Ranton is a small hamlet in Staffordshire, England, situated 3.5 miles (5.6 km) west of Stafford, 2.5 miles (4.0 km) east of Woodseaves and 2 miles (3.2 km) northeast of Gnosall. As of 2013, both public houses that once operated in Ranton were bought and subsequently removed from operation. Due to this, Ranton is now listed as a hamlet.
Ranton is listed under the Pirehill Hundred section of the Doomsday Book. There is debate as to how the name Ranton was spelt prior to the 18th Century, possibilities include 'Ronton', 'Rantone' (as named in the Doomsday Book in 1086) and 'Rantun' (rarely used).
All Saints church, Ranton
All Saints church, Ranton, is a small ancient structure, dating from the 13th century.
The building was renovated in 1753, when the chancel was built. The east window was probably put in at this time. The bell turret was removed in 1889, but was re-erected in the 1940s in memory of Frank Russell and John Owen Timms, two local men who lost their lives in the Second World War. The new turret was not strong enough to support the bells, which had to be removed and put onto storage until the turret was rebuilt. The church has a small bell-tower at the west end of the nave with two bells, and was repaired and a gallery erected in 1840. The restoration was supervised by Staffordshire ecclesiastical architect Andrew Capper. The parish registers commence in 1655. The original registers for the period 1655-1993 (Baptisms), 1655-1984 (Marriages) & 1655-1993 (Burials) are deposited at Staffordshire Record Office. Bishops Transcripts, 1660-1868 (with gaps 1840-1854) are deposited at Lichfield Record office.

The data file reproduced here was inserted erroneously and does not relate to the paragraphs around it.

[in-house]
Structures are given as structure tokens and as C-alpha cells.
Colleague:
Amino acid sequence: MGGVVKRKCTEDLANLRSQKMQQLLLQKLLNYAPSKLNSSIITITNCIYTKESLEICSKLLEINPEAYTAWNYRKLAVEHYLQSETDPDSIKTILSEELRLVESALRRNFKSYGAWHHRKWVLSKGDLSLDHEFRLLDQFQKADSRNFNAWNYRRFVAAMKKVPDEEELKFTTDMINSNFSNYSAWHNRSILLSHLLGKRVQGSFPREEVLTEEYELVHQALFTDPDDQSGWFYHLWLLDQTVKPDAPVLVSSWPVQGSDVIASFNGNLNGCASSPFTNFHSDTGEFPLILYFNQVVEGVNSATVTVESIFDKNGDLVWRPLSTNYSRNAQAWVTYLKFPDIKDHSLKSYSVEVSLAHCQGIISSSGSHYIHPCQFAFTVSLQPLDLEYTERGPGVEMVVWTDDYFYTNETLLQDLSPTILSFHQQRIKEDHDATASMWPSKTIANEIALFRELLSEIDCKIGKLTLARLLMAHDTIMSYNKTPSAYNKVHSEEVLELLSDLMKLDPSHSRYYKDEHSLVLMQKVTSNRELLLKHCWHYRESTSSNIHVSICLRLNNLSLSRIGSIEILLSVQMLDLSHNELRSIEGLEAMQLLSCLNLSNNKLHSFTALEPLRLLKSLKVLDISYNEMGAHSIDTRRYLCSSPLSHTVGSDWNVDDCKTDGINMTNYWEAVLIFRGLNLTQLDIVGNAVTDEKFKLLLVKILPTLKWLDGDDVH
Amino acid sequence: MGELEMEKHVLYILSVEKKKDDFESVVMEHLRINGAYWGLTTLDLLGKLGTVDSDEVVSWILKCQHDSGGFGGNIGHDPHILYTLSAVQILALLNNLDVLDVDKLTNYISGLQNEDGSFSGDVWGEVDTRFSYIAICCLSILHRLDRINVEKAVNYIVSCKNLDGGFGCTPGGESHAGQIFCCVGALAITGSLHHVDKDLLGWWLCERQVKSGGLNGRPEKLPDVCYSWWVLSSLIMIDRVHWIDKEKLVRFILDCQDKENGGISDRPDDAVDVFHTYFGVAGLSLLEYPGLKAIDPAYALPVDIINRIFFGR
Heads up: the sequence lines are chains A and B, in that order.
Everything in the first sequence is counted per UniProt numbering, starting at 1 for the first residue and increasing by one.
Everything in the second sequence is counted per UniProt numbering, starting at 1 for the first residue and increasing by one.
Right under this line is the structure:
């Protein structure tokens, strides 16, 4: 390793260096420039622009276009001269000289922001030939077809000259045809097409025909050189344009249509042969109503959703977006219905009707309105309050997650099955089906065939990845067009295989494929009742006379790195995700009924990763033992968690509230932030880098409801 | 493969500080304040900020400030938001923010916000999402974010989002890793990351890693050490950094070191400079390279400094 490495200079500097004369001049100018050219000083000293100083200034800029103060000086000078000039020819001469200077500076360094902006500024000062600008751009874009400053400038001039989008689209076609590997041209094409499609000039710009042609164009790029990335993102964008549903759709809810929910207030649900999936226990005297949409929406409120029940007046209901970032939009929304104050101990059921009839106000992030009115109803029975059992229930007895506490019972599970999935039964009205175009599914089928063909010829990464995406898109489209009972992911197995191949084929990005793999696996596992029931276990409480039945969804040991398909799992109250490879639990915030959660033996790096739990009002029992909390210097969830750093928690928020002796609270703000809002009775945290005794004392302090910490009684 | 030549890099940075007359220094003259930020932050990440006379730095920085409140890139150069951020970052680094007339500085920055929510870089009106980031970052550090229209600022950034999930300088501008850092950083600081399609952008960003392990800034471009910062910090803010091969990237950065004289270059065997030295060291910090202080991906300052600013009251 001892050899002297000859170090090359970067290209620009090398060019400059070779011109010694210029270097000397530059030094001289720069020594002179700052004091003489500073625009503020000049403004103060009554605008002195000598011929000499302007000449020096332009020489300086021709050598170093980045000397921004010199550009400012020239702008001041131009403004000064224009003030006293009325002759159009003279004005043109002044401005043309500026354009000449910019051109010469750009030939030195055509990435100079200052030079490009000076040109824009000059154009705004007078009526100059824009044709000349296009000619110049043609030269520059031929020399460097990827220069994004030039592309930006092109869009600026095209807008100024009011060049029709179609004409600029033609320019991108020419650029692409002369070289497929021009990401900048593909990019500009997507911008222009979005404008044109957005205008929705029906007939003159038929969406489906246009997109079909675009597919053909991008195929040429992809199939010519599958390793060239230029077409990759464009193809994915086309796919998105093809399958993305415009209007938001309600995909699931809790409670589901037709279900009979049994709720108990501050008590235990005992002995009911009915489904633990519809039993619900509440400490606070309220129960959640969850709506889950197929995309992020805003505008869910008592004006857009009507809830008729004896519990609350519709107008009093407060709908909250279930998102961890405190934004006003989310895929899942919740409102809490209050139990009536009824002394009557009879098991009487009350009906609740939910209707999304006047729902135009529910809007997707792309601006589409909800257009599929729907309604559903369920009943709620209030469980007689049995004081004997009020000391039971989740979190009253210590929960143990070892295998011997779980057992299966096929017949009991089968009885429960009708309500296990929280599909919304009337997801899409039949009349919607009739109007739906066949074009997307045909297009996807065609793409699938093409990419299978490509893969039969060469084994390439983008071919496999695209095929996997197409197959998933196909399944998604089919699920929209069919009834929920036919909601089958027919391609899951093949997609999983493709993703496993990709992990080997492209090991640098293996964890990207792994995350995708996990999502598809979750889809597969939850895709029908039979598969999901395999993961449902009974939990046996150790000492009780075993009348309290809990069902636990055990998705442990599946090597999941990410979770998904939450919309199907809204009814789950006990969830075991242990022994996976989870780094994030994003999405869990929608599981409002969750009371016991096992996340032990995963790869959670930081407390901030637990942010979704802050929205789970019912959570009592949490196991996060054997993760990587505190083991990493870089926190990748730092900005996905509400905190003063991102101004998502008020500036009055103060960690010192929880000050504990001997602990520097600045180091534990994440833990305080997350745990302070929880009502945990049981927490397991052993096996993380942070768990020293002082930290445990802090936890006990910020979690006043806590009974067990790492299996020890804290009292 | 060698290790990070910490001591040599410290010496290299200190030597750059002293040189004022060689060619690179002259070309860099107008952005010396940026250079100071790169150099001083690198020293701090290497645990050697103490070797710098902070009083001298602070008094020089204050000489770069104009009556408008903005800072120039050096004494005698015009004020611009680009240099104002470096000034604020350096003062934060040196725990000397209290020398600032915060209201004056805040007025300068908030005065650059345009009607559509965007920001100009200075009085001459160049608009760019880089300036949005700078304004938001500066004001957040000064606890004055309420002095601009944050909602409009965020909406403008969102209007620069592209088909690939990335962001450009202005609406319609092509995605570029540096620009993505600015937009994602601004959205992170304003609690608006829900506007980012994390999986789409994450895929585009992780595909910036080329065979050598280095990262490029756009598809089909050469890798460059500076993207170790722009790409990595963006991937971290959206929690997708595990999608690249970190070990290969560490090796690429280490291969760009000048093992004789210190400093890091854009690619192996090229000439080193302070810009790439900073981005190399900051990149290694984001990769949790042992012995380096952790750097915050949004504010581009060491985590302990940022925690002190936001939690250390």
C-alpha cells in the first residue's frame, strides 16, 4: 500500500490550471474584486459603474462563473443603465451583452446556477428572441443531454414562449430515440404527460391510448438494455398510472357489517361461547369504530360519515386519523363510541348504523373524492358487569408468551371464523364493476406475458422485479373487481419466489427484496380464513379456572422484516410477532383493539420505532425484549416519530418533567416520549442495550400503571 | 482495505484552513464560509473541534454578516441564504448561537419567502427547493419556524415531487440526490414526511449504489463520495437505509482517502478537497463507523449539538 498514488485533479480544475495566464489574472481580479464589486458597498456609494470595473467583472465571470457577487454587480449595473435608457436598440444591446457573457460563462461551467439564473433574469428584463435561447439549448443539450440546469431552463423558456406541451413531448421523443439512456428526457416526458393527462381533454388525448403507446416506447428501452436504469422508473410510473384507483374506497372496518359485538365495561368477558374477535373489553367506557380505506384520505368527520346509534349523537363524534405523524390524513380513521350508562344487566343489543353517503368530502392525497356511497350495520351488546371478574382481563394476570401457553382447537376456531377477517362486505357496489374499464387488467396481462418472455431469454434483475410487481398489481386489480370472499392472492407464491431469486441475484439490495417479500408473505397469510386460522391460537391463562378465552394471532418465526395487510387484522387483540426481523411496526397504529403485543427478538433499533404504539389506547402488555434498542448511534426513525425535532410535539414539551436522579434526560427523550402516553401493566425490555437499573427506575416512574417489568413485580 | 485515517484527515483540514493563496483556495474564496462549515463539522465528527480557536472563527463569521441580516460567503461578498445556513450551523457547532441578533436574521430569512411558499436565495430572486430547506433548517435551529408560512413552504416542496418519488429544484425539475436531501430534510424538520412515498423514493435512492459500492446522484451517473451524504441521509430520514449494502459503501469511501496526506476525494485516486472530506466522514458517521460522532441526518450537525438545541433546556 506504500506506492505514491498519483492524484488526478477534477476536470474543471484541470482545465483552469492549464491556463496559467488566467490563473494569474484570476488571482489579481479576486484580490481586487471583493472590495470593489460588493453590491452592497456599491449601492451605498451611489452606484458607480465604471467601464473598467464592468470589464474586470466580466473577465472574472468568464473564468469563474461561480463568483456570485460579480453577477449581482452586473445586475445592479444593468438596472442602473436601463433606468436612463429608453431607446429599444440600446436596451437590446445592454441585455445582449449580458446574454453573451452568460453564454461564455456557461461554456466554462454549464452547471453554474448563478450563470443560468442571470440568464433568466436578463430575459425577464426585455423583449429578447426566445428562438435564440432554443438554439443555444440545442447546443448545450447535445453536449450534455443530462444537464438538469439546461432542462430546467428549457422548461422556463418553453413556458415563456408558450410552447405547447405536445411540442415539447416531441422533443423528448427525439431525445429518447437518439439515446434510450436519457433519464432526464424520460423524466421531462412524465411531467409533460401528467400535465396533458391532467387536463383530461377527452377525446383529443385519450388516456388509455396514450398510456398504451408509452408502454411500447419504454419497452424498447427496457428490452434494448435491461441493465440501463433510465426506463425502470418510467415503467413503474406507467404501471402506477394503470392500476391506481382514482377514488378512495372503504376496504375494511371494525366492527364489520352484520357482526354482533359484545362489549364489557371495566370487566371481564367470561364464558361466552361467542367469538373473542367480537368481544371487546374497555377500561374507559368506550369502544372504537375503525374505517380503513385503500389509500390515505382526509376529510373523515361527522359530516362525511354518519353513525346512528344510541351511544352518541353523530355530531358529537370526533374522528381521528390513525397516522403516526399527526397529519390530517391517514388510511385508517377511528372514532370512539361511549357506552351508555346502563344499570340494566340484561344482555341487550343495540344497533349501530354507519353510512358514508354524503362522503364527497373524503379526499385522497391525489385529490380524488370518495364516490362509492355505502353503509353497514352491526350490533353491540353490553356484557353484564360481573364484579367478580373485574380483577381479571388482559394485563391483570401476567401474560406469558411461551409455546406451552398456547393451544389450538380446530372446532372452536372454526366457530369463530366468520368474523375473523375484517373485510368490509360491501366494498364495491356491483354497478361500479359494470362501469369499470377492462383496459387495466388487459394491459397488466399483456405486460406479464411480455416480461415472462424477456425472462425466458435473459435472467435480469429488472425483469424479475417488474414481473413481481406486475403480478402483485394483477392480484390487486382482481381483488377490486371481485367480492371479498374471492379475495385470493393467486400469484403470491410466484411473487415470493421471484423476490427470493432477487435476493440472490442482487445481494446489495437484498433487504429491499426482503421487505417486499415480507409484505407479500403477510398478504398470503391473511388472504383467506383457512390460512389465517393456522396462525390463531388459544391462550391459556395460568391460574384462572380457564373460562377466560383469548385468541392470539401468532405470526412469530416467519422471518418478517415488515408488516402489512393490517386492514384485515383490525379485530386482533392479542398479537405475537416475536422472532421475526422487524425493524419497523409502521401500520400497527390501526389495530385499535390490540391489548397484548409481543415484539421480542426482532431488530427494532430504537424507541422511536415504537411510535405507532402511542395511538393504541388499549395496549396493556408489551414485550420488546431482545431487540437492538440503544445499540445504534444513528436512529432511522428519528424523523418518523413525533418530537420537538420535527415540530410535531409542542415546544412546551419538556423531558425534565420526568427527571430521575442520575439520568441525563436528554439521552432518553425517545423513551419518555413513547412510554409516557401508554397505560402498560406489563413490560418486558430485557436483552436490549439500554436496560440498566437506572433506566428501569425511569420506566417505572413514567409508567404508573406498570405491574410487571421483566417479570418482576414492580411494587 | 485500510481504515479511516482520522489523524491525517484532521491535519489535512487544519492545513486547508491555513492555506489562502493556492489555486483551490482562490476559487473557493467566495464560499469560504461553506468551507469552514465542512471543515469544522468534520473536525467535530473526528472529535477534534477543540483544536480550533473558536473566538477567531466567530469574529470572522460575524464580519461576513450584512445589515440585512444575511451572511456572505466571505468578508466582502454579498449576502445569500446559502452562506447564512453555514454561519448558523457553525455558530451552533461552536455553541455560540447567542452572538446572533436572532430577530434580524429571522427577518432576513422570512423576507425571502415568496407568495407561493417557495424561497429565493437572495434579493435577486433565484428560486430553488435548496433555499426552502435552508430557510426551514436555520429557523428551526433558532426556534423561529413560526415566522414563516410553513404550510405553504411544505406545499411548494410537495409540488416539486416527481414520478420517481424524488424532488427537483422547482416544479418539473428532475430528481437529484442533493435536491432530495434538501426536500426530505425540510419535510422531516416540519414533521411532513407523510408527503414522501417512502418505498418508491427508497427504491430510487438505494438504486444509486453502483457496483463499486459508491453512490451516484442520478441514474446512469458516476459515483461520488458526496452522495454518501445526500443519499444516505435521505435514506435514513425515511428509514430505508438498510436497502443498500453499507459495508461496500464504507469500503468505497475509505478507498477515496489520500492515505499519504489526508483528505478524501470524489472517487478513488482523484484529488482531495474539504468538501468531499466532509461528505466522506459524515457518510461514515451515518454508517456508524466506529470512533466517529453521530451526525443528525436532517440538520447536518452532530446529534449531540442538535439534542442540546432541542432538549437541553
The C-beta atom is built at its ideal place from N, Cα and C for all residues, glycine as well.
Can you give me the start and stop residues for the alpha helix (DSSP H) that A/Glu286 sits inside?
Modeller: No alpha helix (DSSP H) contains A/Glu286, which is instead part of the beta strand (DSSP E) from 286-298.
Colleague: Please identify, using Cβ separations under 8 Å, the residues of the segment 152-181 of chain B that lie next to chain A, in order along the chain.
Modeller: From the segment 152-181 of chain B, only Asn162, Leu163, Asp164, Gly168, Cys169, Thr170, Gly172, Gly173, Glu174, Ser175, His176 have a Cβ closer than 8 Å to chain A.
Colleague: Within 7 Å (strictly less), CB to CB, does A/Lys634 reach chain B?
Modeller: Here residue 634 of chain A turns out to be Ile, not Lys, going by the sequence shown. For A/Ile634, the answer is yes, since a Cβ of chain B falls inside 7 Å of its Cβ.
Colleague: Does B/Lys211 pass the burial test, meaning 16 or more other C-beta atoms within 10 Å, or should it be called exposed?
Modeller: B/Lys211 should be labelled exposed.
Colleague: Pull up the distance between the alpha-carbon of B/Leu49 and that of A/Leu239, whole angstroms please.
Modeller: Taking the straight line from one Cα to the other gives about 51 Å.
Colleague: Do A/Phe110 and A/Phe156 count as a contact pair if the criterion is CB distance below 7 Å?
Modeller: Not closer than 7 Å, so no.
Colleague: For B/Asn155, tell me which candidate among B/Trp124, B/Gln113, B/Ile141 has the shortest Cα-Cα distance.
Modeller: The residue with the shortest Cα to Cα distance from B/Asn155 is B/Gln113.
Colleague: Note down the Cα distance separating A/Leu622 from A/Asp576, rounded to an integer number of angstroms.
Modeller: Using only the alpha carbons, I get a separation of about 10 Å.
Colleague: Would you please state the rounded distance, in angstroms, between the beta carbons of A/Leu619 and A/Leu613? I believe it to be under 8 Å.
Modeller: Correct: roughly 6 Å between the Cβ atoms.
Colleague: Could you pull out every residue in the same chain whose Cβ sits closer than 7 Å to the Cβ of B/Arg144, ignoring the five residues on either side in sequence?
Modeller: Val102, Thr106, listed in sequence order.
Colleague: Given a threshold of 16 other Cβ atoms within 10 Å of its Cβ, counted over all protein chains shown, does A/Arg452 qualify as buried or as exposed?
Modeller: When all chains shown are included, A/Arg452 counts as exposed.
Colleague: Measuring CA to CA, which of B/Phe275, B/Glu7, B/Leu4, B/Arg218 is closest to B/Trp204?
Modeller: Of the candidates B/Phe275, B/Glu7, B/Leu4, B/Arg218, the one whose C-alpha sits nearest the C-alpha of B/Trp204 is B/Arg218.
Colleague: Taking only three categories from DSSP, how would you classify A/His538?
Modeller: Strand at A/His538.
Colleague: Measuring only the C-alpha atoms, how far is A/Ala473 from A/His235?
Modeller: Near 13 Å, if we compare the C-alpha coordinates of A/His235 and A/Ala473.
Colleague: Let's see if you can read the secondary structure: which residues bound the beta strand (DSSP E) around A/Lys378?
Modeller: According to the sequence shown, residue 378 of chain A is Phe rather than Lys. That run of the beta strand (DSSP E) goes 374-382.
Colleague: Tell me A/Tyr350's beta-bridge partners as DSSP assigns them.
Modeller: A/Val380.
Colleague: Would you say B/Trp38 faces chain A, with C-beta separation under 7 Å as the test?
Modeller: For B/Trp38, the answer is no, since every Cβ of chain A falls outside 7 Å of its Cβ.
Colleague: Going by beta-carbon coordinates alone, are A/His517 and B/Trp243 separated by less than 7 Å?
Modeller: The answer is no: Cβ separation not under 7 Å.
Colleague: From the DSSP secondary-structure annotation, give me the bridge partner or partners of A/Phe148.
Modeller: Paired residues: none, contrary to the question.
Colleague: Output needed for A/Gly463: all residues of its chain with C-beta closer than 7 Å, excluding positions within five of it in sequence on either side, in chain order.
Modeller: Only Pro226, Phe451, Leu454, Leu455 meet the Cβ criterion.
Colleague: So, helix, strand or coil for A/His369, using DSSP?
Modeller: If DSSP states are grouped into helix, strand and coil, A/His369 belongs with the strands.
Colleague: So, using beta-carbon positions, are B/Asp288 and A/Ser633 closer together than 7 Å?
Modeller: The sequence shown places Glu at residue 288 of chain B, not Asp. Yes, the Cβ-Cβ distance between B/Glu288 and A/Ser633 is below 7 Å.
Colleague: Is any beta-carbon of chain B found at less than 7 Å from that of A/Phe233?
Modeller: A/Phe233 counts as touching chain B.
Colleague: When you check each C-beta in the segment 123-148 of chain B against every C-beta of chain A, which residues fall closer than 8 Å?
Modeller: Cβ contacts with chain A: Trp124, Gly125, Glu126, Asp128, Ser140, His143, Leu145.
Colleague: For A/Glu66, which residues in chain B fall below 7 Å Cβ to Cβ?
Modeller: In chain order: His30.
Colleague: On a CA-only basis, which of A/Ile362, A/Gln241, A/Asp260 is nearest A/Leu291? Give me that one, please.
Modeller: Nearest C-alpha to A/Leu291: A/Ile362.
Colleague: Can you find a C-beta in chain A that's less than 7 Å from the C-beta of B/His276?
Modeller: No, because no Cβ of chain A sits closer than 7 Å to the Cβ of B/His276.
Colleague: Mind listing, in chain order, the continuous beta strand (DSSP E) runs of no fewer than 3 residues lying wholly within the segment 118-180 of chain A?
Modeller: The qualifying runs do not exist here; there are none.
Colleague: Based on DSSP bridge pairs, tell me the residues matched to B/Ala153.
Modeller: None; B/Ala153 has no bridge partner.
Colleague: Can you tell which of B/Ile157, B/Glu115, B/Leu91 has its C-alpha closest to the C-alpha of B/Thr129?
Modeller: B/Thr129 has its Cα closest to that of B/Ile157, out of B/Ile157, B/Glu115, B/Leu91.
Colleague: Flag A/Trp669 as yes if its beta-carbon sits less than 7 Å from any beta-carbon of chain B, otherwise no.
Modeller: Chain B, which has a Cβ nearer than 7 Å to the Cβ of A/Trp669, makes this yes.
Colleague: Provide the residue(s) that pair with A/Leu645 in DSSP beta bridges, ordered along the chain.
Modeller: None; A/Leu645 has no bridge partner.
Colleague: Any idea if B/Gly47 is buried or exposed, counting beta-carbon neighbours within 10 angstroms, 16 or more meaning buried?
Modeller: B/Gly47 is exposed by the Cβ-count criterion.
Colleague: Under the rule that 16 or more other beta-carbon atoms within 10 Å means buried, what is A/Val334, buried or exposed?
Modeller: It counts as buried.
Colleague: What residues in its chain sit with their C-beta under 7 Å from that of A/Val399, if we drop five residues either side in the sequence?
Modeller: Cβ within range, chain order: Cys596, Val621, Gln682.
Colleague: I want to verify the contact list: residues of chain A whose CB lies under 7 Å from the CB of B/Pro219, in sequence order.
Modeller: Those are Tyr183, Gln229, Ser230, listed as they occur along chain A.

|Wikimedia Commons has media related to Ranton, Staffordshire.|
- Picture of Ranton Abbey Tower and Abbey House viewed from the south
- Photograph of Abbey House from the south, c.1912, in its heyday, with Abbey visible to left